Compliance validation schemes
9 basic product certification schemes in the Customs Union
In its Decision No. 621 of 7 April 2011, “On regulation on procedures for application of the model schemes of conformity assessment (confirmation) with the Technical Regulations of the Customs Union”, the Customs Union Commission approved nine certification schemes: 1s, 2s, 5s, 6s, 7s and 8s for mass production, and 3s, 4s and 9s for batch/job production. Each scheme involves a specified set of steps, following which a conclusion is reached as to the issue of a certificate of conformance.
All certification schemes have common steps:
- the applicant files a certification application with the product certification authority, enclosing documentation;
- the application is reviewed and a decision is made on it;
- the product is labelled with the standard certification mark (following the issue of the certificate).
The other steps depend on the scheme.
Table 1. Customs Union certification schemes (click on the table to view)
Elements of certification schemes
In terms of studies to be conducted, a certification scheme can involve:
- Testing of product samples by an accredited laboratory, with a test report to be produced.
- Review of product design.
- Review of technical documentation.
- Production assessment by the certification authority in the form of an audit of production facilities or availability of a certified quality system.
- Follow-up inspection of certified products and/or QMS.
Testing of selected standard samples is required under the following certification schemes: 1s — 4s.
Schemes 5s and 6s provide for a review of product design. Type testing is required under schemes 7s and 8s.
Review of technical documentation
A certificate of conformity can be issued based on a review of technical documentation under scheme 9s only. Certification under this scheme is only available for:
- an imported product batch;
- sophisticated products designed for industrial applications within the Customs Union.
Certification sometimes requires proof of safety not only of the product itself. Certification under schemes 1s, 5s or 7s is impossible without an audit of production facilities.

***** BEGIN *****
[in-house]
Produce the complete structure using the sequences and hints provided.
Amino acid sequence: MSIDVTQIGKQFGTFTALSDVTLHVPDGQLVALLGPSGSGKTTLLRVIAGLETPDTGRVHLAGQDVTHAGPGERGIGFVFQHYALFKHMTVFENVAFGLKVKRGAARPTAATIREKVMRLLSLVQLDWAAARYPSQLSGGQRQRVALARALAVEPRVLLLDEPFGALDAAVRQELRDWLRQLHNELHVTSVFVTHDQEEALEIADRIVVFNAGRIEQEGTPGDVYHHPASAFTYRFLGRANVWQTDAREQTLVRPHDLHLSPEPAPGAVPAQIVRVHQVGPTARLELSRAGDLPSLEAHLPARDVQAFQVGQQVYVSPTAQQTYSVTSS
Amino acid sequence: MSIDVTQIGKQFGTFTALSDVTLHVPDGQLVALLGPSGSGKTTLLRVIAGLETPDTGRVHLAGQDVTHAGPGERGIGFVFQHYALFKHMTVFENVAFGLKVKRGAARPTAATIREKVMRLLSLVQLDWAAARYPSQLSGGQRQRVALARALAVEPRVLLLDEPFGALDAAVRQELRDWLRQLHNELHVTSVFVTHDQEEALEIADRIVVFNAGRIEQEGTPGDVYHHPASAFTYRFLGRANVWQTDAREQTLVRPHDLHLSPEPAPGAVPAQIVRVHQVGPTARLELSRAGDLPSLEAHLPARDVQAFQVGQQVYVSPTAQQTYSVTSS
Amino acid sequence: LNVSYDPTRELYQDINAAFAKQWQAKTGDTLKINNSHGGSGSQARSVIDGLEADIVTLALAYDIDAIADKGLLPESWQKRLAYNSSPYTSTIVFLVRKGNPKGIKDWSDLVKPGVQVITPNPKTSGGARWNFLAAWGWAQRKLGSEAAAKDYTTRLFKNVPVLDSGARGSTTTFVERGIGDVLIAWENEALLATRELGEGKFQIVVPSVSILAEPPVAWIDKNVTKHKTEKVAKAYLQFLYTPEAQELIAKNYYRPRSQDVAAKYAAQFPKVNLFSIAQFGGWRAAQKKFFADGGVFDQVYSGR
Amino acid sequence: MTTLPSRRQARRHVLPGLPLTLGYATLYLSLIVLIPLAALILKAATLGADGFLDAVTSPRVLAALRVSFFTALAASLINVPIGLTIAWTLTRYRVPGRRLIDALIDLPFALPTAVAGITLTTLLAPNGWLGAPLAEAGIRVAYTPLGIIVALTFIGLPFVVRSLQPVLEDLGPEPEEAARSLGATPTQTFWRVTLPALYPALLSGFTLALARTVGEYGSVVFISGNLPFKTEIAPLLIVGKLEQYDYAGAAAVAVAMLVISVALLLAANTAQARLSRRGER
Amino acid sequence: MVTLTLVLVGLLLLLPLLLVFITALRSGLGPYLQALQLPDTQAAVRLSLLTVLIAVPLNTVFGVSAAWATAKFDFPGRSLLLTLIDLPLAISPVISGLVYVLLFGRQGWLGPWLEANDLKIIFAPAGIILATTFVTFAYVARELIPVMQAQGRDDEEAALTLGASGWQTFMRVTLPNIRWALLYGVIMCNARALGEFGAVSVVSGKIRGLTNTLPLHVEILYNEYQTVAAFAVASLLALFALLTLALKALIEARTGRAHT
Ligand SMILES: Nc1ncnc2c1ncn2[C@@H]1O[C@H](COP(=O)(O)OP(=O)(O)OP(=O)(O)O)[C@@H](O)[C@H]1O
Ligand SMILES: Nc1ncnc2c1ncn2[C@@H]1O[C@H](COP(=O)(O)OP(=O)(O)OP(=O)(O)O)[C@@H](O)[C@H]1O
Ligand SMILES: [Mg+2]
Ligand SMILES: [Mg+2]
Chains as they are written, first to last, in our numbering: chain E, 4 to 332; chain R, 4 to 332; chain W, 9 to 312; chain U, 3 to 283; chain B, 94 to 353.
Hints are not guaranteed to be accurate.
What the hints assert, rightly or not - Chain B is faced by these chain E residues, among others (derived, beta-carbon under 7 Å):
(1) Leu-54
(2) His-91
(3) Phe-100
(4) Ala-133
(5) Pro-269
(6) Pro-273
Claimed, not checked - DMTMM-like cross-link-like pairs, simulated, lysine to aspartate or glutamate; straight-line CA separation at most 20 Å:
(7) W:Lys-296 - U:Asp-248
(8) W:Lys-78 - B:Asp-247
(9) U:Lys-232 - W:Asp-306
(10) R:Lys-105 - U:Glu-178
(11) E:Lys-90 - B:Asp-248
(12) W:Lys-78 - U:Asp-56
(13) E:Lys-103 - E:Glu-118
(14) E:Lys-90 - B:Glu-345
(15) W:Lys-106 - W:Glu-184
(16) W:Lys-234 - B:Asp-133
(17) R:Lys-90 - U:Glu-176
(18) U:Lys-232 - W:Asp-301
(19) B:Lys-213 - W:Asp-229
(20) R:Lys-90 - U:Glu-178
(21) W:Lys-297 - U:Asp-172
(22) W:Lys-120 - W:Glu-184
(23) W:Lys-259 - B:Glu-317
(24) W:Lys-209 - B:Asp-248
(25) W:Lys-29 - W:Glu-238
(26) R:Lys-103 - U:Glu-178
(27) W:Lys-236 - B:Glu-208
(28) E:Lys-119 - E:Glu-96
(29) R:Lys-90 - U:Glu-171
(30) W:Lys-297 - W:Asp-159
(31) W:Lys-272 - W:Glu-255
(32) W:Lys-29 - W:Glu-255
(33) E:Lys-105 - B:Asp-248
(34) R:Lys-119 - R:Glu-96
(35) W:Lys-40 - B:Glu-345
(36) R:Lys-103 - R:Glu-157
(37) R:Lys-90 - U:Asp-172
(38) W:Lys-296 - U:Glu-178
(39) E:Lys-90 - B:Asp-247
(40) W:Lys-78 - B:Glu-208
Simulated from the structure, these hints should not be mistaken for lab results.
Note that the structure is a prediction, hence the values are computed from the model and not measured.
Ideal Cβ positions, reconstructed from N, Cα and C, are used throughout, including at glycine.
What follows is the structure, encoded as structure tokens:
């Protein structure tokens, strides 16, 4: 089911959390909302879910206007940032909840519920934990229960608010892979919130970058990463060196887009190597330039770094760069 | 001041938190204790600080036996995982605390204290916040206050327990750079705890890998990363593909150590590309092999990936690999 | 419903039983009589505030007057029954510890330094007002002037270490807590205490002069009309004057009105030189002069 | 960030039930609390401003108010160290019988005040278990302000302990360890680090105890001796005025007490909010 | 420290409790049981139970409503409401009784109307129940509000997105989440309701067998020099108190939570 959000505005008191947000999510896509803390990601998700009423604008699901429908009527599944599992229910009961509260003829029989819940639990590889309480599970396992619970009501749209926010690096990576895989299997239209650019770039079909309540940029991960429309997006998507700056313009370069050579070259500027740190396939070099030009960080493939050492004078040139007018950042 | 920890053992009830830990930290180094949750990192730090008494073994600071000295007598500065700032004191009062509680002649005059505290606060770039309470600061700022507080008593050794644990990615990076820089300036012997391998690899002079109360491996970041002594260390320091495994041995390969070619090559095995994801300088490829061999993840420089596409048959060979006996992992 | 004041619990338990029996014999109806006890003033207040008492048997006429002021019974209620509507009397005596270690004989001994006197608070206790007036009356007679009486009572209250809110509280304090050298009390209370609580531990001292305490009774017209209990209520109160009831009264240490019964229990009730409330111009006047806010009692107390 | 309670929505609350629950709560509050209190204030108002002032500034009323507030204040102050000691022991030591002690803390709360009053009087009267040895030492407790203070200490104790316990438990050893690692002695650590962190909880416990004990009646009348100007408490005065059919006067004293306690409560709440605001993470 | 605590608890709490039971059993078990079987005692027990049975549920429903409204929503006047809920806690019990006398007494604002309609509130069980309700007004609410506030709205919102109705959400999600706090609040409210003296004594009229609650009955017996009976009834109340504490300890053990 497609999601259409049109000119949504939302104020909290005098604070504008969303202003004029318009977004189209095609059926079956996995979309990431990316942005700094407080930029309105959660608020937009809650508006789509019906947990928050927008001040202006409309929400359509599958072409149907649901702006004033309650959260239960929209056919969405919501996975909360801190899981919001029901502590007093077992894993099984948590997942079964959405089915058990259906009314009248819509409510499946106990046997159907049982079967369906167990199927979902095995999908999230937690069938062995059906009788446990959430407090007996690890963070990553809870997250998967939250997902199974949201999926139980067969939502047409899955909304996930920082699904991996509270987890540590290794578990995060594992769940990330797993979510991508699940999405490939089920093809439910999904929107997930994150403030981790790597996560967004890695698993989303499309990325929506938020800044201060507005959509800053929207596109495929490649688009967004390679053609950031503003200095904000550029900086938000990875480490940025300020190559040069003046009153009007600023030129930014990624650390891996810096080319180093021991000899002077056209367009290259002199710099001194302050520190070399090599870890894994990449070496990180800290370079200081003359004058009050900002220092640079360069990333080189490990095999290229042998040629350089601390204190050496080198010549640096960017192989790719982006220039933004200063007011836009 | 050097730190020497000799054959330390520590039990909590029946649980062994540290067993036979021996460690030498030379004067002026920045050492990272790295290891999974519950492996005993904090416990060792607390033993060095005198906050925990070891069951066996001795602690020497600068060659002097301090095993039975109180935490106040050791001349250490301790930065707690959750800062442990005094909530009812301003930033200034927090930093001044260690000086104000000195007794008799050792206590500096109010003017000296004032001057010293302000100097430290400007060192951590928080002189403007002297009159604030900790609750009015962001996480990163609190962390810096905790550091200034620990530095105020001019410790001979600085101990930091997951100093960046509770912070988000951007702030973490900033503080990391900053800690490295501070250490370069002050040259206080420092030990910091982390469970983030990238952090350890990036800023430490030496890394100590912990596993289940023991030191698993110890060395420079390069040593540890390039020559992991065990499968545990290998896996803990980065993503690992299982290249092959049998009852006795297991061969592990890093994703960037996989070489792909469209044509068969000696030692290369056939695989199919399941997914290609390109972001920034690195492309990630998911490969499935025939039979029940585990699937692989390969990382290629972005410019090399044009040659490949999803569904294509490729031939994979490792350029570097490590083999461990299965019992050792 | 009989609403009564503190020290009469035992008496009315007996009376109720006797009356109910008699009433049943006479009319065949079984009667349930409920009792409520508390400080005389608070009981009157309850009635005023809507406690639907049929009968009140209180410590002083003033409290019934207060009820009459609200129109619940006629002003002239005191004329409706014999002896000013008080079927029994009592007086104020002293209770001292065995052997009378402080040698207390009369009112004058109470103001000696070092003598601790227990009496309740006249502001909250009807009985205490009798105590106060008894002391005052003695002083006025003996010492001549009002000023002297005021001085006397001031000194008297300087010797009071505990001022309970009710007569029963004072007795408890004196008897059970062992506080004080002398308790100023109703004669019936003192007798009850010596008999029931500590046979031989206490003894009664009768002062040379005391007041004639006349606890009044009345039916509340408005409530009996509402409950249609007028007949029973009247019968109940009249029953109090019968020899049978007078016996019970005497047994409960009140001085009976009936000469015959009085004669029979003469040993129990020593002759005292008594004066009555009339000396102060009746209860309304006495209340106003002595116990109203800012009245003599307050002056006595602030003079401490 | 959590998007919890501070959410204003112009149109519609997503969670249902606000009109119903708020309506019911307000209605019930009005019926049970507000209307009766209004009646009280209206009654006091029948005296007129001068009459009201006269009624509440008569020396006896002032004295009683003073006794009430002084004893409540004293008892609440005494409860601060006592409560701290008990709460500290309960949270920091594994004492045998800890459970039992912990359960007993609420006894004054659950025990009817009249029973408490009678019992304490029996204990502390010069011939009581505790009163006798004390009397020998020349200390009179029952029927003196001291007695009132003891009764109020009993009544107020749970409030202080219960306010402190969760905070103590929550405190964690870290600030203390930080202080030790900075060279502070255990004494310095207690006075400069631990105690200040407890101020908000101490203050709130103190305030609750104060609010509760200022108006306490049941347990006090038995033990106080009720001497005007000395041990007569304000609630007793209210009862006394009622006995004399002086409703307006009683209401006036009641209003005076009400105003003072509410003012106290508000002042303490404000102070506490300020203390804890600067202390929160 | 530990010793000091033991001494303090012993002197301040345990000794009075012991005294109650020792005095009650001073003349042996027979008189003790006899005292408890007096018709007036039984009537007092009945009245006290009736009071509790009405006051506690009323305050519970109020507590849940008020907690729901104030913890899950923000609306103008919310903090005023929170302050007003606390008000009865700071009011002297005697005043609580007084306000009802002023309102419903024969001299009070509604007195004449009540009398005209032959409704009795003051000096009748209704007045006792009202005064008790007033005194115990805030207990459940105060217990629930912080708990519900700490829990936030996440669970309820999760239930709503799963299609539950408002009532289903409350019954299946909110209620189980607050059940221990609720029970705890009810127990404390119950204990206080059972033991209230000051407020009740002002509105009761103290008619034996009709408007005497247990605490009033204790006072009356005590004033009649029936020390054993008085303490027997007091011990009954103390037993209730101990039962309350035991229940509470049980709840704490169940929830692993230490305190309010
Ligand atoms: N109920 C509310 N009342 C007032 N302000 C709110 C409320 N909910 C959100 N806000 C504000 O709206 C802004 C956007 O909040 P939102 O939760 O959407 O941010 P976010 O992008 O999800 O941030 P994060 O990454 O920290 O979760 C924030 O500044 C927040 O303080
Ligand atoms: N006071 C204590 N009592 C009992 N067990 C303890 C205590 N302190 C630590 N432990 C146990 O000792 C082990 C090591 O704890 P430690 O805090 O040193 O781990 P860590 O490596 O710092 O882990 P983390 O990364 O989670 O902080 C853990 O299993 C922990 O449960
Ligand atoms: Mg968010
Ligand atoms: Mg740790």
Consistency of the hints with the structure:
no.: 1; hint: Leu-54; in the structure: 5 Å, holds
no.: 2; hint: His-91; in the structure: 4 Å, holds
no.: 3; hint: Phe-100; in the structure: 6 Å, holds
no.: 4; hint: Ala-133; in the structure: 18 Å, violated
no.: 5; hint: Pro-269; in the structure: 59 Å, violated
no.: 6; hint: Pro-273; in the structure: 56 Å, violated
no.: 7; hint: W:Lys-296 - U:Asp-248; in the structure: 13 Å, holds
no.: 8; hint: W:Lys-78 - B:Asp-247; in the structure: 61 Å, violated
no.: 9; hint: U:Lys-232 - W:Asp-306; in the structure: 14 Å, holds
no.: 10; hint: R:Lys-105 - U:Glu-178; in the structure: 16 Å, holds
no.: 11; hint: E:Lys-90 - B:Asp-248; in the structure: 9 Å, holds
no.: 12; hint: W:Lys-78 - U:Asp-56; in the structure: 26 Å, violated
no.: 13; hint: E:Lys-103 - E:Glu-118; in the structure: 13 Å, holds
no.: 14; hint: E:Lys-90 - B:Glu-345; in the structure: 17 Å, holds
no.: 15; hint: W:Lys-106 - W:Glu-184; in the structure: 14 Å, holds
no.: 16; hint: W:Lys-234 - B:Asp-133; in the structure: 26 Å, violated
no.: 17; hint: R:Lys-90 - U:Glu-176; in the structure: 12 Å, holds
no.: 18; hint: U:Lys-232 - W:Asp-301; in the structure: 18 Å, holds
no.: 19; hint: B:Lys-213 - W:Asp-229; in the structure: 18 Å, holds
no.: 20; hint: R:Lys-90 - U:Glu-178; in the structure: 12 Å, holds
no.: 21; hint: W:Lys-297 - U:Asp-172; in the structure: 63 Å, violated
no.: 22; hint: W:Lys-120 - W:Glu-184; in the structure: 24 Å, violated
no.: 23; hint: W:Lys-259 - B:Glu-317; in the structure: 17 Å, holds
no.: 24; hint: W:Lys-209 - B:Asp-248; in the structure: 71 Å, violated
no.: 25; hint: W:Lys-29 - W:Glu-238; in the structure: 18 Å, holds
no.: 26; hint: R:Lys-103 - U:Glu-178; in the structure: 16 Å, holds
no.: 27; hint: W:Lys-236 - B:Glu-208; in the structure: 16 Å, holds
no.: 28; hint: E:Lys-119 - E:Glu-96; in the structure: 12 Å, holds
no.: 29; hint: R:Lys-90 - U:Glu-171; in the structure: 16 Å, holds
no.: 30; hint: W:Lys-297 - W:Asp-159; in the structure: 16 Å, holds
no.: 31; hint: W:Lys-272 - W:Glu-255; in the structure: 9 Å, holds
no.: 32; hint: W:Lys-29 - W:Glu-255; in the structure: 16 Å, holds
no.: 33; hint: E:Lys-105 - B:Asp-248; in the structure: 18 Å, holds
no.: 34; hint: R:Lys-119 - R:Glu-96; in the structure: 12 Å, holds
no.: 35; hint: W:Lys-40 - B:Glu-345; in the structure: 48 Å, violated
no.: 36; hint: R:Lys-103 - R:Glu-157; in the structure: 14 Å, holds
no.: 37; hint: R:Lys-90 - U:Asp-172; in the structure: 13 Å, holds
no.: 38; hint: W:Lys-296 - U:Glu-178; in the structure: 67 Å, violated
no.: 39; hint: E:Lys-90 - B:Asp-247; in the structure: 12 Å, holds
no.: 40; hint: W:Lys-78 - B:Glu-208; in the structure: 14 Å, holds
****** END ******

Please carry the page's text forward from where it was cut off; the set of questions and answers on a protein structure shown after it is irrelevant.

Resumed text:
A condition for certification under schemes 2s, 6s and 8s is the certification of the quality management system. In this case, the certification authority shall measure the performance of the system in place.
A follow-up inspection has no effect on the granting of a certificate of conformance. It is designed to ensure the safety of products already certified. The certification authority shall make sure that the products remain compliant with the technical regulations of the Customs Union after the issue of the certificate.
Average frequency of follow-up inspections: once a year.
A follow-up inspection is required for certification under the following schemes: 1s, 2s, 5s, 6s, 7s or 8s.
6 declaration schemes in the Customs Union
Six schemes are available for the declaration of product conformity with the Technical Regulations of the Customs Union: 1d, 3d, 5d and 6d for mass production, and 2d and 4d for batch / job production.
The declaration schemes have also been approved, along with the certification schemes, underCustoms Union Commission Resolution No. 621 of 7 April 2011, “On regulation on procedures for application of the model schemes of conformity assessment (confirmation) with the Technical Regulations of the Customs Union”.
The main distinction between declaration and certification schemes is the option of conformance review without the involvement of an independent party.
Table 2. Customs Union declaration schemes (click on the table to view)
Registration of a declaration based on the applicant's sample testing results is available under schemes 1d or 2d only. In this context, scheme 1d provides additionally for in-process monitoring by the manufacturer.
Declaration under schemes involving an independent party
The other declaration schemes (3d, 4d, 5d and 6d) provide for independent assessment of conformity: testing of standard samples is provided exclusively by an accredited testing laboratory.
Scheme 5d replaces sample testing with product type assessment and in-process monitoring. In-process monitoring is also required under schemes 3d and 6d.
A QMS is only required for certification under scheme 6d. In this context, the certification authority conducts a follow-up inspection of product manufacture after registration declaration.